Italy’s Constitutional Court will debate the legality of a 2015 electoral law known as Italicum on Tuesday. The law, which
Italy’s Constitutional Court will debate the legality of a 2015 electoral law known as Italicum on Tuesday.
The law, which was introduced in a bid to end the country’s revolving-door of governments, dictates that a party with 40% of the popular vote will be allocated 54% of lower house seats. Many in Italy – and indeed across Europe – are concerned that this makes it easier for the poll-leading populist and Eurosceptic Five Star Movement to seize power.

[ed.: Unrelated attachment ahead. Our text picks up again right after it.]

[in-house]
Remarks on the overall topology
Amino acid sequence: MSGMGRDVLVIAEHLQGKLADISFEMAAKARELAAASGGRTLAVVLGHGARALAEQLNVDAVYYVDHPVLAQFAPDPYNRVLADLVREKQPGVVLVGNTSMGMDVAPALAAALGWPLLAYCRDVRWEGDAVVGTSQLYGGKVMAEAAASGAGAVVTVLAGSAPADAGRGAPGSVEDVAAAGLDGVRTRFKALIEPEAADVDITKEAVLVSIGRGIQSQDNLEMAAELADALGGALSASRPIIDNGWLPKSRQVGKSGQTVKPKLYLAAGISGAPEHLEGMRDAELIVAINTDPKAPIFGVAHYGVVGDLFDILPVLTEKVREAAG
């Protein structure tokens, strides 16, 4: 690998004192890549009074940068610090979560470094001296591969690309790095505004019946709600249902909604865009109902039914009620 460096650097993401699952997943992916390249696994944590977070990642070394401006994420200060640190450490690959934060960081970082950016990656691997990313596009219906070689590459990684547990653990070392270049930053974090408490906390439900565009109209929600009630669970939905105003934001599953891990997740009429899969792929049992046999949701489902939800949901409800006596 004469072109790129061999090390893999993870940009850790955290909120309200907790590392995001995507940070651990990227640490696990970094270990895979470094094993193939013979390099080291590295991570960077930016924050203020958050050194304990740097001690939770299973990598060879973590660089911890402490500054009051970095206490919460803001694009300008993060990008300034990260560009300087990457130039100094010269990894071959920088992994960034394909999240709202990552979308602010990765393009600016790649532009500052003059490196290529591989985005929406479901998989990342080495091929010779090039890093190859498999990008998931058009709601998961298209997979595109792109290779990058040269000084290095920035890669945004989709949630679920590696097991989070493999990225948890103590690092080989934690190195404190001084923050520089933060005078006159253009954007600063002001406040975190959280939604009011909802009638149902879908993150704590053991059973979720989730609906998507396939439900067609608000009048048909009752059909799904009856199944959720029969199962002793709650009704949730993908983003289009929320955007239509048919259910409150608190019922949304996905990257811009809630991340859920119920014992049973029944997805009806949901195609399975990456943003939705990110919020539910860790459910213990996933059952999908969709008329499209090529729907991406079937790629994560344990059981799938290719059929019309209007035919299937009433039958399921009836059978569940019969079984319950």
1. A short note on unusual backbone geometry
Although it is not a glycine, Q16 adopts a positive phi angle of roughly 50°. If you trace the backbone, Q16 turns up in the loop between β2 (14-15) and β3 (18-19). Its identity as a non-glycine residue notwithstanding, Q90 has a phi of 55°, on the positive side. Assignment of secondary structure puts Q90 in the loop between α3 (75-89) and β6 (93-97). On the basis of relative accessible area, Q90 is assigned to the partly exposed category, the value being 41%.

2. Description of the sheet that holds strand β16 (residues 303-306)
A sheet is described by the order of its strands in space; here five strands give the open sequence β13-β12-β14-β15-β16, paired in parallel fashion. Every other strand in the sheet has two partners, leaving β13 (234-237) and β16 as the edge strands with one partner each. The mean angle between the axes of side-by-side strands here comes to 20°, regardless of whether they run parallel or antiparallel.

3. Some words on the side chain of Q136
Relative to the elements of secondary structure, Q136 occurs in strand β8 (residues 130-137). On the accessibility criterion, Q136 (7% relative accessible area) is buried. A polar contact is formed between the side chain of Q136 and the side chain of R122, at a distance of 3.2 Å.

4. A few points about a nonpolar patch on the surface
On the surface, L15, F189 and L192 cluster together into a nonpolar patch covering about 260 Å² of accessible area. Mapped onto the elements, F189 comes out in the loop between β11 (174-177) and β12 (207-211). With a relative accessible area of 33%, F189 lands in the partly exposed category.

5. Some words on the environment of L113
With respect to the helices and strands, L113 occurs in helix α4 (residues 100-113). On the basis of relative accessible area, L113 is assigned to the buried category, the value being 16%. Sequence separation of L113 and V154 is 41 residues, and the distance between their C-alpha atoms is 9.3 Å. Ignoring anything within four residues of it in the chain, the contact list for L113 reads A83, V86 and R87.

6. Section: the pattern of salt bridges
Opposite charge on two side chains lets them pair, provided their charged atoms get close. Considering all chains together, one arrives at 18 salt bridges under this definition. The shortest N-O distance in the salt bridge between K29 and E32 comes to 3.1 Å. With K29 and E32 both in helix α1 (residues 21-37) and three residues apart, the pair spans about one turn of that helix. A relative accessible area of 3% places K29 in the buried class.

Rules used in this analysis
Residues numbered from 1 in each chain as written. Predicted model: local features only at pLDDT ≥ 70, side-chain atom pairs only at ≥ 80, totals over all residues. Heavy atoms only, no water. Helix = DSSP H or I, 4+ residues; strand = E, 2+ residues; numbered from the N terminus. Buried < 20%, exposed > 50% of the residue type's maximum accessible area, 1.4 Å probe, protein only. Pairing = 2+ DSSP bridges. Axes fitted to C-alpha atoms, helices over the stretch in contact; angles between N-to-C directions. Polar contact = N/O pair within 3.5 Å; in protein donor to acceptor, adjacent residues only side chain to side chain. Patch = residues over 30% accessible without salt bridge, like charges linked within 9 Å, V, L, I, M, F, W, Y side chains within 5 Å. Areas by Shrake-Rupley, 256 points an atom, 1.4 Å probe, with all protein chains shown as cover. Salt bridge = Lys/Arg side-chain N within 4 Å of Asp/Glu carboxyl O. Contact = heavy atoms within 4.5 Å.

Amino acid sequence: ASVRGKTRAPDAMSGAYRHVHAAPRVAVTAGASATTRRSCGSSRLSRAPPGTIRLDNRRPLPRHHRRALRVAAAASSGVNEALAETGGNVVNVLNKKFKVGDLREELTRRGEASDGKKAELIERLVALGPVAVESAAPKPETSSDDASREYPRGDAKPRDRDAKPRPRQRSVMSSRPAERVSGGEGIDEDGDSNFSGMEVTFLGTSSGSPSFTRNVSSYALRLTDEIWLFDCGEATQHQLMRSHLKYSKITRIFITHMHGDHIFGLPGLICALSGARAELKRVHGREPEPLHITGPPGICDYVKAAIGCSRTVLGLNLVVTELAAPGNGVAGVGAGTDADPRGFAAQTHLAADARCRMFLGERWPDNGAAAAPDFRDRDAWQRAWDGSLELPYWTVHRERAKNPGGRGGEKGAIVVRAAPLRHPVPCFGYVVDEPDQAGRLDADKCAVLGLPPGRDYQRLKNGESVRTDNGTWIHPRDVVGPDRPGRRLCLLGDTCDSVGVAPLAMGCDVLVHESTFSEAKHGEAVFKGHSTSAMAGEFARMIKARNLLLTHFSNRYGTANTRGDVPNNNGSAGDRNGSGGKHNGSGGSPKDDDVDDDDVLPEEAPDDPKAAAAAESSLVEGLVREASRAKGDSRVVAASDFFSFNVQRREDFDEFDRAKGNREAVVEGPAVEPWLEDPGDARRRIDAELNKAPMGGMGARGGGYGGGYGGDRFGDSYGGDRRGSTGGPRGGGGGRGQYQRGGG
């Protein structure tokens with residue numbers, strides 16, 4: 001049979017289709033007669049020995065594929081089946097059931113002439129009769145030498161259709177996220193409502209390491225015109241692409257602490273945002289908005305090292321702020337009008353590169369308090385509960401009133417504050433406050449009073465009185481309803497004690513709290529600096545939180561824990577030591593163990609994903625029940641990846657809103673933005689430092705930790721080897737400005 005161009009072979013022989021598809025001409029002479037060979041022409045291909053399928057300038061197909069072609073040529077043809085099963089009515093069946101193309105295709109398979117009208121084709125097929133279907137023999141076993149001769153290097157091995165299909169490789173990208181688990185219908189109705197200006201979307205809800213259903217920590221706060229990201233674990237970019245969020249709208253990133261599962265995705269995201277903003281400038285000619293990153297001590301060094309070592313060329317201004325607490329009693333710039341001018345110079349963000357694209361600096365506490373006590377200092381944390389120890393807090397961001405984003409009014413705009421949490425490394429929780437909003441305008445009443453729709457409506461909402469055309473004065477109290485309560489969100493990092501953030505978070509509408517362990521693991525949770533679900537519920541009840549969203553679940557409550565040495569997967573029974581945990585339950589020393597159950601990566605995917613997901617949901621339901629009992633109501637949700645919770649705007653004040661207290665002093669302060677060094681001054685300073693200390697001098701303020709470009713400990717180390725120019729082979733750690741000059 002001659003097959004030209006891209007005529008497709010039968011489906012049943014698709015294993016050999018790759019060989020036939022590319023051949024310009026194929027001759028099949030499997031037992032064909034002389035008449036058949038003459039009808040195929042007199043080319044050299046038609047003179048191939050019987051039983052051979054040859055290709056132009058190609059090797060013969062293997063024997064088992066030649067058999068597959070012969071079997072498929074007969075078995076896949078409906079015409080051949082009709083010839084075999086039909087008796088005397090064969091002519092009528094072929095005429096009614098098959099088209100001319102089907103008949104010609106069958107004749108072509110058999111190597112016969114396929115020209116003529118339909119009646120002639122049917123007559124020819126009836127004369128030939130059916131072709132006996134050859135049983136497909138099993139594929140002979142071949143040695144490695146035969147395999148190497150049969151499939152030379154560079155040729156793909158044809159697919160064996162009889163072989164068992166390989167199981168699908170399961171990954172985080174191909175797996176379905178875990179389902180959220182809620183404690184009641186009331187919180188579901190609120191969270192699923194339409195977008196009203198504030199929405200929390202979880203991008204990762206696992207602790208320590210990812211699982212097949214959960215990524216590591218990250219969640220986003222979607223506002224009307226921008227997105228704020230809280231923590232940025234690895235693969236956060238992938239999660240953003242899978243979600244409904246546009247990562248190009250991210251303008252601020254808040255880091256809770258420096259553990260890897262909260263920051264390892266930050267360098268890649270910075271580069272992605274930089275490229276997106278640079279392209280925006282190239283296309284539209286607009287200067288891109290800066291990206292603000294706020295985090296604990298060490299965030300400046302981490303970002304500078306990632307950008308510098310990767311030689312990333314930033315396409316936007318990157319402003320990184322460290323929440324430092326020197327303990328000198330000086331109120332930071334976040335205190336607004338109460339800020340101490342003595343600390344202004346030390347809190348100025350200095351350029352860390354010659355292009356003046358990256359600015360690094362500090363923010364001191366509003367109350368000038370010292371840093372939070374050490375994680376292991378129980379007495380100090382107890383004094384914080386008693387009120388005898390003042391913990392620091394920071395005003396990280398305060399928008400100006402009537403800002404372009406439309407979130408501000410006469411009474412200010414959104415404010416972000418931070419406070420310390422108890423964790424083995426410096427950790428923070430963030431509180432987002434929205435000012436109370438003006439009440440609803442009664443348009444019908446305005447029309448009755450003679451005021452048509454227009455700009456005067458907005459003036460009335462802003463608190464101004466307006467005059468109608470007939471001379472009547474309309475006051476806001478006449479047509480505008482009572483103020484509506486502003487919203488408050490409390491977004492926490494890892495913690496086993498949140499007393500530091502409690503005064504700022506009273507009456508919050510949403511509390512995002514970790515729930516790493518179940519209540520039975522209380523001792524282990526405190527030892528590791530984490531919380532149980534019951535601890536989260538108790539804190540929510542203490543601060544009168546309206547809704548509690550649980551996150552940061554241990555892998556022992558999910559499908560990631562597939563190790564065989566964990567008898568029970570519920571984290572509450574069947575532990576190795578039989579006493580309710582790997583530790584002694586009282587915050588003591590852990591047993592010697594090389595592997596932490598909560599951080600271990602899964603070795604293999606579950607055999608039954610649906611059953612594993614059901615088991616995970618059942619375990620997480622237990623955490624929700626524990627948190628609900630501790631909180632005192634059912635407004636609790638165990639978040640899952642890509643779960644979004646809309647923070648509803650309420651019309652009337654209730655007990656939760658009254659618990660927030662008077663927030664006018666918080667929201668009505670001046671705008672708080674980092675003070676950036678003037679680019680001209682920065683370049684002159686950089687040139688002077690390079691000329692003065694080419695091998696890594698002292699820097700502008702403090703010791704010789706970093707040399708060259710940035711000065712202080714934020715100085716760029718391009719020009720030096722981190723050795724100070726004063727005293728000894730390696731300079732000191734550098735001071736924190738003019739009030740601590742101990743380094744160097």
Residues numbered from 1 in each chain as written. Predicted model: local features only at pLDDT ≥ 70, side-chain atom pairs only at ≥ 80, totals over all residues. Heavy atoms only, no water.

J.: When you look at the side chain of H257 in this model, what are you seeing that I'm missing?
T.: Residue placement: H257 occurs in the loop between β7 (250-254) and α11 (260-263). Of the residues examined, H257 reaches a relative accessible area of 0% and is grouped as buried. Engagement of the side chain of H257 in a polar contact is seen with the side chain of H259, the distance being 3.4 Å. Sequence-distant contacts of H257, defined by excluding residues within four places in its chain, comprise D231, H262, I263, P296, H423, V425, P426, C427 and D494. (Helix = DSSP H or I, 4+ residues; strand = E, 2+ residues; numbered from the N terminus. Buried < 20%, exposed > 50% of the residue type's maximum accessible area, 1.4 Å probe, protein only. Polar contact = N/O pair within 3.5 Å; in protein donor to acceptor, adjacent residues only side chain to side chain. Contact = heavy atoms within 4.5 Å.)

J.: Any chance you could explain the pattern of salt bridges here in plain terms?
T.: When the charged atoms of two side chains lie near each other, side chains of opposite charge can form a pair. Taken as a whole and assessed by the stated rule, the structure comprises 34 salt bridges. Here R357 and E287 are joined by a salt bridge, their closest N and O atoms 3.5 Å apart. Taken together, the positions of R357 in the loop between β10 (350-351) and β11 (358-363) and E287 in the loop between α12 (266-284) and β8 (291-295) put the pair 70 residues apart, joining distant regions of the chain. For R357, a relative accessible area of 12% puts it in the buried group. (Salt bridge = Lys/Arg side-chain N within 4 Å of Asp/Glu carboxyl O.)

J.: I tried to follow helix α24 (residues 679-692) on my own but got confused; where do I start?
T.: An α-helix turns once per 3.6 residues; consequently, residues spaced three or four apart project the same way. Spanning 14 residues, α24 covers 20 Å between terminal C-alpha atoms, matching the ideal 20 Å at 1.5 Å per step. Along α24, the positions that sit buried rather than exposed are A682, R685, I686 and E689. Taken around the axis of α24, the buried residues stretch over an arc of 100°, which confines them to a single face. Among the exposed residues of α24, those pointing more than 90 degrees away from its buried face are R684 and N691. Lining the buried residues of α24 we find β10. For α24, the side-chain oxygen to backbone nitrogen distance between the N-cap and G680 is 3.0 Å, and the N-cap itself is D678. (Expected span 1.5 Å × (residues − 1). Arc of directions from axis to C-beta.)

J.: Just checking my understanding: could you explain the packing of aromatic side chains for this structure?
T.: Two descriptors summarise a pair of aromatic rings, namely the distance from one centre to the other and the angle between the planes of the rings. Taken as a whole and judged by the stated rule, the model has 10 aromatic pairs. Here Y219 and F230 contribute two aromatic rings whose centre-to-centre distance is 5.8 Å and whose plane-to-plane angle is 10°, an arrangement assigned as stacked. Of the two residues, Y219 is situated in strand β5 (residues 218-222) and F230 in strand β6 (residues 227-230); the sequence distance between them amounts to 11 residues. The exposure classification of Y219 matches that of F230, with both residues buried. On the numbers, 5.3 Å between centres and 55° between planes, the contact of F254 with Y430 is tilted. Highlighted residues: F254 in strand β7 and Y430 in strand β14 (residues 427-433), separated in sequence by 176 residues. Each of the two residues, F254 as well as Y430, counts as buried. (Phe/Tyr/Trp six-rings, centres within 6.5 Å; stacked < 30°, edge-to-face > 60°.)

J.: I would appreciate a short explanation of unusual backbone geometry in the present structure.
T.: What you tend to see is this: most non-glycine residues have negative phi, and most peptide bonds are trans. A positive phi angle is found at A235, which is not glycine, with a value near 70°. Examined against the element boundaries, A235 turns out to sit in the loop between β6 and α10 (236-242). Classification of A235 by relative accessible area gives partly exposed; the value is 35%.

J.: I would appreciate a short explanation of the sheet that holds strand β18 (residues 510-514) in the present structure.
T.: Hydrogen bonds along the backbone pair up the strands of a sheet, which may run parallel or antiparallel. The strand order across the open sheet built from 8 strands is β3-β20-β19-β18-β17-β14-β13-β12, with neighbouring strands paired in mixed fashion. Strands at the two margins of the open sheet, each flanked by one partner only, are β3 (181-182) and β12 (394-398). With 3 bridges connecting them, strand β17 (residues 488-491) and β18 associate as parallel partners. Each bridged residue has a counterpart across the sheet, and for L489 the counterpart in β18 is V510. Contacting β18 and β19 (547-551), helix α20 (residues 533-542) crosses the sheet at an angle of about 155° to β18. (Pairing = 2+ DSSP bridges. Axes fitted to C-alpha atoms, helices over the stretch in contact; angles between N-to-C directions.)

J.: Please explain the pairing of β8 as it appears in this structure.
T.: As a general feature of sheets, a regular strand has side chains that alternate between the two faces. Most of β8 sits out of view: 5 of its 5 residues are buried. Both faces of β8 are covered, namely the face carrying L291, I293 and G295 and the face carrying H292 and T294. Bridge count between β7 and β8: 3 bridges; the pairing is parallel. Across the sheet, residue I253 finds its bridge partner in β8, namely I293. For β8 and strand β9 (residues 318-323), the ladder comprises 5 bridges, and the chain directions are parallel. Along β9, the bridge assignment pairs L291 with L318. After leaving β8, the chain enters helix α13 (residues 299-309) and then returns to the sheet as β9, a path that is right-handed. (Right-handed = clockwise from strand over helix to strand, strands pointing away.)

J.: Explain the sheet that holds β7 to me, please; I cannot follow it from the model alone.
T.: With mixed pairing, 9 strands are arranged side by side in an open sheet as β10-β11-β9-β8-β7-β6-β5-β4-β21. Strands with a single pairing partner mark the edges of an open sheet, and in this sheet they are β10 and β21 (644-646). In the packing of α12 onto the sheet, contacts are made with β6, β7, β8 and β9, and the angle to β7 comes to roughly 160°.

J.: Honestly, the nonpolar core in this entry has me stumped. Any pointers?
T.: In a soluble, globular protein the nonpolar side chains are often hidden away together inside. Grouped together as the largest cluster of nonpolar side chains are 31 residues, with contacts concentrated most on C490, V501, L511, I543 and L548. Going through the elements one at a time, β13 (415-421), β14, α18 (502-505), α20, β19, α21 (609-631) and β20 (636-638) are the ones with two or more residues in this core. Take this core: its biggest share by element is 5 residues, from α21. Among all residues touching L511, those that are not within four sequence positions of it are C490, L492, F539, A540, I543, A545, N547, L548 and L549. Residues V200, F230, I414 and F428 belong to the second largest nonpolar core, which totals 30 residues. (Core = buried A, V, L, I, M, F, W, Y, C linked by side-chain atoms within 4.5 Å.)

If the Court rules aspects of the law unconstitutional, the ruling centre-left Democratic Party will be able to scrap Italicum and possibly prevent their populist rivals from forming government. A successful reform of the electoral laws also means early elections are likely to be called ahead of the May 2018 deadline.
While the Constitutional Court may not reach a definitive ruling on Italicum on Tuesday, Italy’s parliament will continue to prioritise electoral reform to prepare for the next elections.